So you’ve got your pipe, and you know you need something to increase the surface area. What do you do now, and what can you use? Now it’s time for a bit more fun...
First, build yourself a ‘matrix’ of copper pipe, like this...
The size will dictate how much hot water you will get. Approximately 1 sq metre is pretty good for a ‘garden panel’. It will easily and quickly heat up 25 litres of water, for hand-washing, car-washing or to pre-heat the paddling pool for cold children. Honest, it really works!
The design shown is called a ‘header and riser’ system. It’s made from widely-available plumbing materials, 22mm for the horizontals (‘headers’) and 15mm for the verticals (‘risers’). This design, and the size of the pipework, means that the panel can be used in a thermosyphoning set-up. What’s thermosyphoning? Contain your soul in patience, there’s more fun in store before we get there. (Well I think it’s fun, so humour me).
If you are confident about soldering, use soldered fittings. If not, use compression (bolt-up) fittings, or modern copper push-fit fittings (quick but expensive). DON’T use plastic - it can melt! For a 1m x 1m panel with 7 risers, you will need approximately:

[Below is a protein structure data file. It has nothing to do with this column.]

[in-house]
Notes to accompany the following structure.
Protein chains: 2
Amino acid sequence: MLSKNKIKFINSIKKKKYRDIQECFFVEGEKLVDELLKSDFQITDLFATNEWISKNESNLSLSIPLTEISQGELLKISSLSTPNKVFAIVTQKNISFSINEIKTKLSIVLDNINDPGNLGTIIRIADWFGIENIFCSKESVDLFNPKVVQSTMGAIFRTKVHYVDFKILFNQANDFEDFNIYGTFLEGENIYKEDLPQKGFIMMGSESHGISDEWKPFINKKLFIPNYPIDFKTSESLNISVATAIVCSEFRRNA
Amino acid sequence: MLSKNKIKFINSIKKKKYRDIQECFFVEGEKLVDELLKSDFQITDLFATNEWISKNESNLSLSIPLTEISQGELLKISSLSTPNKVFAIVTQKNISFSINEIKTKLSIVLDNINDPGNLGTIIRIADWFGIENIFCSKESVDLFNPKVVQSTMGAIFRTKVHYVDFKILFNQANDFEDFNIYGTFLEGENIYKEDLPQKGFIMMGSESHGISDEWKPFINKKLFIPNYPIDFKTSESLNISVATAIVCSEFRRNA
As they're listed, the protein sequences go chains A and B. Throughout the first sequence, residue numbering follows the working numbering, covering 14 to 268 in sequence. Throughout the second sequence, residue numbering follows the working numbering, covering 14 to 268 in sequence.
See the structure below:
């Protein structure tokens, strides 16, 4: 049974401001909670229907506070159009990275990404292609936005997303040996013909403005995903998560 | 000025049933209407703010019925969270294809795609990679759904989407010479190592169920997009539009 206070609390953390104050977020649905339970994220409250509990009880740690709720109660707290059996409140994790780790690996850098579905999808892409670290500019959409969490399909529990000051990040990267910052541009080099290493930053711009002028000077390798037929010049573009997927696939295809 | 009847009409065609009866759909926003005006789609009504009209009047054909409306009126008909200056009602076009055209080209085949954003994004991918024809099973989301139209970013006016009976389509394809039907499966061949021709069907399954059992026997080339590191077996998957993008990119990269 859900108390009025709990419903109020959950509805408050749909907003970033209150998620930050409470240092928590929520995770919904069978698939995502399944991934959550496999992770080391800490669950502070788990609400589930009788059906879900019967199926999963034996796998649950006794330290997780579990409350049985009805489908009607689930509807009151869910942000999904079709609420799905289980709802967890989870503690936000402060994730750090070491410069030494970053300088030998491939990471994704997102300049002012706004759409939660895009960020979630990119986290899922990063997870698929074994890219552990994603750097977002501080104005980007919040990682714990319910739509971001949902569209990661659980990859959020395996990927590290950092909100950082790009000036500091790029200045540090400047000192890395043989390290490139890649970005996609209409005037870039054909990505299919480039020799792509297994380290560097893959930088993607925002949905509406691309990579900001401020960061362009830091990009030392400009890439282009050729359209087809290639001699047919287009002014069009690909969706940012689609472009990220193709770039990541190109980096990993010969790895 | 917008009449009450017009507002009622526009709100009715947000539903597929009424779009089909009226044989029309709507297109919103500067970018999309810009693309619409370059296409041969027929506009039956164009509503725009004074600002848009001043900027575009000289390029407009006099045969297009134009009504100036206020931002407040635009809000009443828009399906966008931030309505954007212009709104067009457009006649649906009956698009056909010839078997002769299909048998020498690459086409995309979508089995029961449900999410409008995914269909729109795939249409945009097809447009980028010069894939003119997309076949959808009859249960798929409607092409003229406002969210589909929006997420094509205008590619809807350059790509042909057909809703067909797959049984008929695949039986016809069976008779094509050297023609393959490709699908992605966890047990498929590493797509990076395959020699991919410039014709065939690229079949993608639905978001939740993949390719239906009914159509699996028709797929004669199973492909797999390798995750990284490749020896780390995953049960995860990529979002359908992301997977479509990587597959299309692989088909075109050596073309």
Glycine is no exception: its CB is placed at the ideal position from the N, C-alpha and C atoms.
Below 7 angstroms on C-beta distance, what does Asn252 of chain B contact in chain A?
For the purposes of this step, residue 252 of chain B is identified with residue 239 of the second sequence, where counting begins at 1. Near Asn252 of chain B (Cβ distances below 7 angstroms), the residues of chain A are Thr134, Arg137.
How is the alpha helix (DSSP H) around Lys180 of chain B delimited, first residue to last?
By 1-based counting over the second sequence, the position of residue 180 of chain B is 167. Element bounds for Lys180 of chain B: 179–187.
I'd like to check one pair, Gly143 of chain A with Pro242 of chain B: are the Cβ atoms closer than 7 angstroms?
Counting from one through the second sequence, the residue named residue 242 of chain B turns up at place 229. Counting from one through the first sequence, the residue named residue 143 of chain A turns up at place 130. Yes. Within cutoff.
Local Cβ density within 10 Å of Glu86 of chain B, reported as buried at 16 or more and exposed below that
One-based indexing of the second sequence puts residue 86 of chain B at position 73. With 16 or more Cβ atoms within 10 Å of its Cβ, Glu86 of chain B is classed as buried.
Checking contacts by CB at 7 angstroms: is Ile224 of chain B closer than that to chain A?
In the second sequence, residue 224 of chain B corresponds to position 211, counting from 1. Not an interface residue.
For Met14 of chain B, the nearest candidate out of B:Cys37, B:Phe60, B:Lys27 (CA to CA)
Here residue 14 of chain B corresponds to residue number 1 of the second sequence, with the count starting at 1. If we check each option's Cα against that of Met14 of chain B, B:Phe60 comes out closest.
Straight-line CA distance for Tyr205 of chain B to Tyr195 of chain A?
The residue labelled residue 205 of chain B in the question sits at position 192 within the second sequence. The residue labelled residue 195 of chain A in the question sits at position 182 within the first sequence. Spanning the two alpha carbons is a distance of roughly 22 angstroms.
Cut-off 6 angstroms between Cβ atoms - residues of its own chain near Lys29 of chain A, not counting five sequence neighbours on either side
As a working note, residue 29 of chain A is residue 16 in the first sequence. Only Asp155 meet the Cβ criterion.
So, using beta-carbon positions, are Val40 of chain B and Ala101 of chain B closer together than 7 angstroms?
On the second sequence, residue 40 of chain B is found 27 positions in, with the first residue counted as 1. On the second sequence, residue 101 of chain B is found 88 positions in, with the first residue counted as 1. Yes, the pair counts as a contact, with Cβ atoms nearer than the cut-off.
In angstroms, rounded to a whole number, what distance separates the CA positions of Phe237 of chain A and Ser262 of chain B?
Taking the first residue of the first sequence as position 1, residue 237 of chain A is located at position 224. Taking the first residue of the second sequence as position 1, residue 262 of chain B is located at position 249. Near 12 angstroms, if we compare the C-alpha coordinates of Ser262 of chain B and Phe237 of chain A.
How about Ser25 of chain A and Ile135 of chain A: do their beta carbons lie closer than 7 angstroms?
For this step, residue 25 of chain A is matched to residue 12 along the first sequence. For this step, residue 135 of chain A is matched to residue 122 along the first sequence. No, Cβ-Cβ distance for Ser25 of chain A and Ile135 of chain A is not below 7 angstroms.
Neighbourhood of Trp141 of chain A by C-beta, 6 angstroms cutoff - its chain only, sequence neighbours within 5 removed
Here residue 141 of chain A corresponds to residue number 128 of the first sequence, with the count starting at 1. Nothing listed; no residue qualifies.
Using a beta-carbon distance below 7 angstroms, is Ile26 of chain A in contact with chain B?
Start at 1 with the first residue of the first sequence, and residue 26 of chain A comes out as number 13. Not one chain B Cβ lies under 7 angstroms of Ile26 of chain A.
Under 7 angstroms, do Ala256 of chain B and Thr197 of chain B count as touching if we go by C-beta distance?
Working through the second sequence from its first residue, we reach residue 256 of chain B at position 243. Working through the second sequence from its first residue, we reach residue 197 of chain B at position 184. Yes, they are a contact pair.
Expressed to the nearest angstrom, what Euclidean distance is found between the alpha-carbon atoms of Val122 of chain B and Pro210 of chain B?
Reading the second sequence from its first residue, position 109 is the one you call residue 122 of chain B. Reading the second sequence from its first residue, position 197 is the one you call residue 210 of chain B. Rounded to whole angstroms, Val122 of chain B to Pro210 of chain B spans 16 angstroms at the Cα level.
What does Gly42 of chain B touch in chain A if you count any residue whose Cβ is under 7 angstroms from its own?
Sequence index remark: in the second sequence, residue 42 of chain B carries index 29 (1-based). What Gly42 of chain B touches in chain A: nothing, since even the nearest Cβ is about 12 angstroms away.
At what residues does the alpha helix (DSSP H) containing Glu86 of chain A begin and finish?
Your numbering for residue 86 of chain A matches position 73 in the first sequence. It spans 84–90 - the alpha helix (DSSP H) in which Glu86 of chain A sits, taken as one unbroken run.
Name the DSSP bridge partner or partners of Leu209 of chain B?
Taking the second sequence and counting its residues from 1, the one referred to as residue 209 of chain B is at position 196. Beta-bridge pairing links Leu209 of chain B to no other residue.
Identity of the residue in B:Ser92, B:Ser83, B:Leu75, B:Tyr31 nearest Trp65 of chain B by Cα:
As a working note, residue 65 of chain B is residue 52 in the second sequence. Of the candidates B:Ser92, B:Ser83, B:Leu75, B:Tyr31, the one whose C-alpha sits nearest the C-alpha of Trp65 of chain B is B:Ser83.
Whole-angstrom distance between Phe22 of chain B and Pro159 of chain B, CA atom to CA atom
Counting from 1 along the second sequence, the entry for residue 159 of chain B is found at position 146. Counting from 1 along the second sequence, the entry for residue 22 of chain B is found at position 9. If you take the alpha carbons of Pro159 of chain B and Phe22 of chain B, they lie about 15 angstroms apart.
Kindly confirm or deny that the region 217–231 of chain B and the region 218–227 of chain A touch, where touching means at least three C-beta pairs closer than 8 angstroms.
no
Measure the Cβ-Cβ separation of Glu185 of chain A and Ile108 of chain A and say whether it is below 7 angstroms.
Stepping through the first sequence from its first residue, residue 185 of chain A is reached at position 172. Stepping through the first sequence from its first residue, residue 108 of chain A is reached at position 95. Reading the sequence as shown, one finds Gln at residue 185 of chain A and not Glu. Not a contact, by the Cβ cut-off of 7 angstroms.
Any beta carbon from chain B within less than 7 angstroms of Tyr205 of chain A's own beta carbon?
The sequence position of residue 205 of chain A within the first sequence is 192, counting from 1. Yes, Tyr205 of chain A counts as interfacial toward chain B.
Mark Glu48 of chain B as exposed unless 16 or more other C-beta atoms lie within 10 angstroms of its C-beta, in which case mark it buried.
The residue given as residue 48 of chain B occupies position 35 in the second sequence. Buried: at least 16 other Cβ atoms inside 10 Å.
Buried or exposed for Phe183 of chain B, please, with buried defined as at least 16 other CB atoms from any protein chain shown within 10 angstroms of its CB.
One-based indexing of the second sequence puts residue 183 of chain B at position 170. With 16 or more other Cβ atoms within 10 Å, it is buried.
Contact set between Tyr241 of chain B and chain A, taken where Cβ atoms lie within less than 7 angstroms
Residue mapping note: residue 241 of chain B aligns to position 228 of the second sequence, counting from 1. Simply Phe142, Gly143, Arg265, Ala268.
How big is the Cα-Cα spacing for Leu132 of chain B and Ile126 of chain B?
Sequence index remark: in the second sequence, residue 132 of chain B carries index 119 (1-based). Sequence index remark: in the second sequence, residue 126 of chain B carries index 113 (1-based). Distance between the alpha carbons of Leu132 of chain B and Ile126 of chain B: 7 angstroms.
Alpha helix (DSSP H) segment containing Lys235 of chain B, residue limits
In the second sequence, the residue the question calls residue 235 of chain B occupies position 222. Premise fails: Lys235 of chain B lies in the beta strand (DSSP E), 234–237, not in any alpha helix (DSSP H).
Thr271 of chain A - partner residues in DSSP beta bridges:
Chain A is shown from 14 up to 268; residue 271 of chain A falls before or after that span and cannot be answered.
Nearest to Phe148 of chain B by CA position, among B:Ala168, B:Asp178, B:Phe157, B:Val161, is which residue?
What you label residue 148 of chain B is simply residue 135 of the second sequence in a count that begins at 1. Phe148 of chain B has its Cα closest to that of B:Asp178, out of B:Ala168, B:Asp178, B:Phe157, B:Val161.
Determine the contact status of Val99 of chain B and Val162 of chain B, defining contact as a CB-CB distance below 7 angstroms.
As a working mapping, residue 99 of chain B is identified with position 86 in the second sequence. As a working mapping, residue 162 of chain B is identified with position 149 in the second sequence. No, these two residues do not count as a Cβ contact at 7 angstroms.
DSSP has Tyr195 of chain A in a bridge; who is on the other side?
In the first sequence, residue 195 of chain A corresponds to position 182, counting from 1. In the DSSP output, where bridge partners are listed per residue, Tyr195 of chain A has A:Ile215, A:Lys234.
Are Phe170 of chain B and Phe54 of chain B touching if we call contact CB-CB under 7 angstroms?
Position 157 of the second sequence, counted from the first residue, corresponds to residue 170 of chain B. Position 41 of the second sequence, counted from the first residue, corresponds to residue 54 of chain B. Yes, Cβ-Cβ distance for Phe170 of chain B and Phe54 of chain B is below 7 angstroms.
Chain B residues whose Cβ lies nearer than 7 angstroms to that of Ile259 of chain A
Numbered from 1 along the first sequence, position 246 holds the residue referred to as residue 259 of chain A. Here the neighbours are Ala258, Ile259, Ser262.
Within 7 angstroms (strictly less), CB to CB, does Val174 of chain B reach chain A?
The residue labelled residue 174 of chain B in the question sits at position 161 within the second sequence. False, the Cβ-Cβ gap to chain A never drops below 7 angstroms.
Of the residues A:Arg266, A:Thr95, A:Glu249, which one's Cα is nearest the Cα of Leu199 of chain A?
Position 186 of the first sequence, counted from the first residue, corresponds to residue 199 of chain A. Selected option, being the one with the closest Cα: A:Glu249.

7.5m of 15mm copper pipe
2m of 22mm copper pipe
12 x 22/15/22mm ‘Tees’
2 x 22mm elbows (90 degree bends)
4 x 22/15mm reducers.
Using the Blue Peter method of construction, you should either quickly progress from this...
or find that you’ve just built a box-girder bridge out of cornflake packets.
So you’ve got your matrix. Now you need a heat-absorbing back-plate. Time for more fun and scavenging! My favourite (if not most efficient) back-plate consists of a pair of Sheffield road-signs (yes, I did ask!), to which the matrix is clipped. Alternatively, use a dead caravan (approx 1mm aluminium sheet) or a dead hot water cylinder. (And of course you can use new copper sheet [0.5mm] at about £29 per square metre.) These latter 3 are thin enough to allow you to form a channel into which the 15mm ‘risers’ can fit. Here’s how you do it: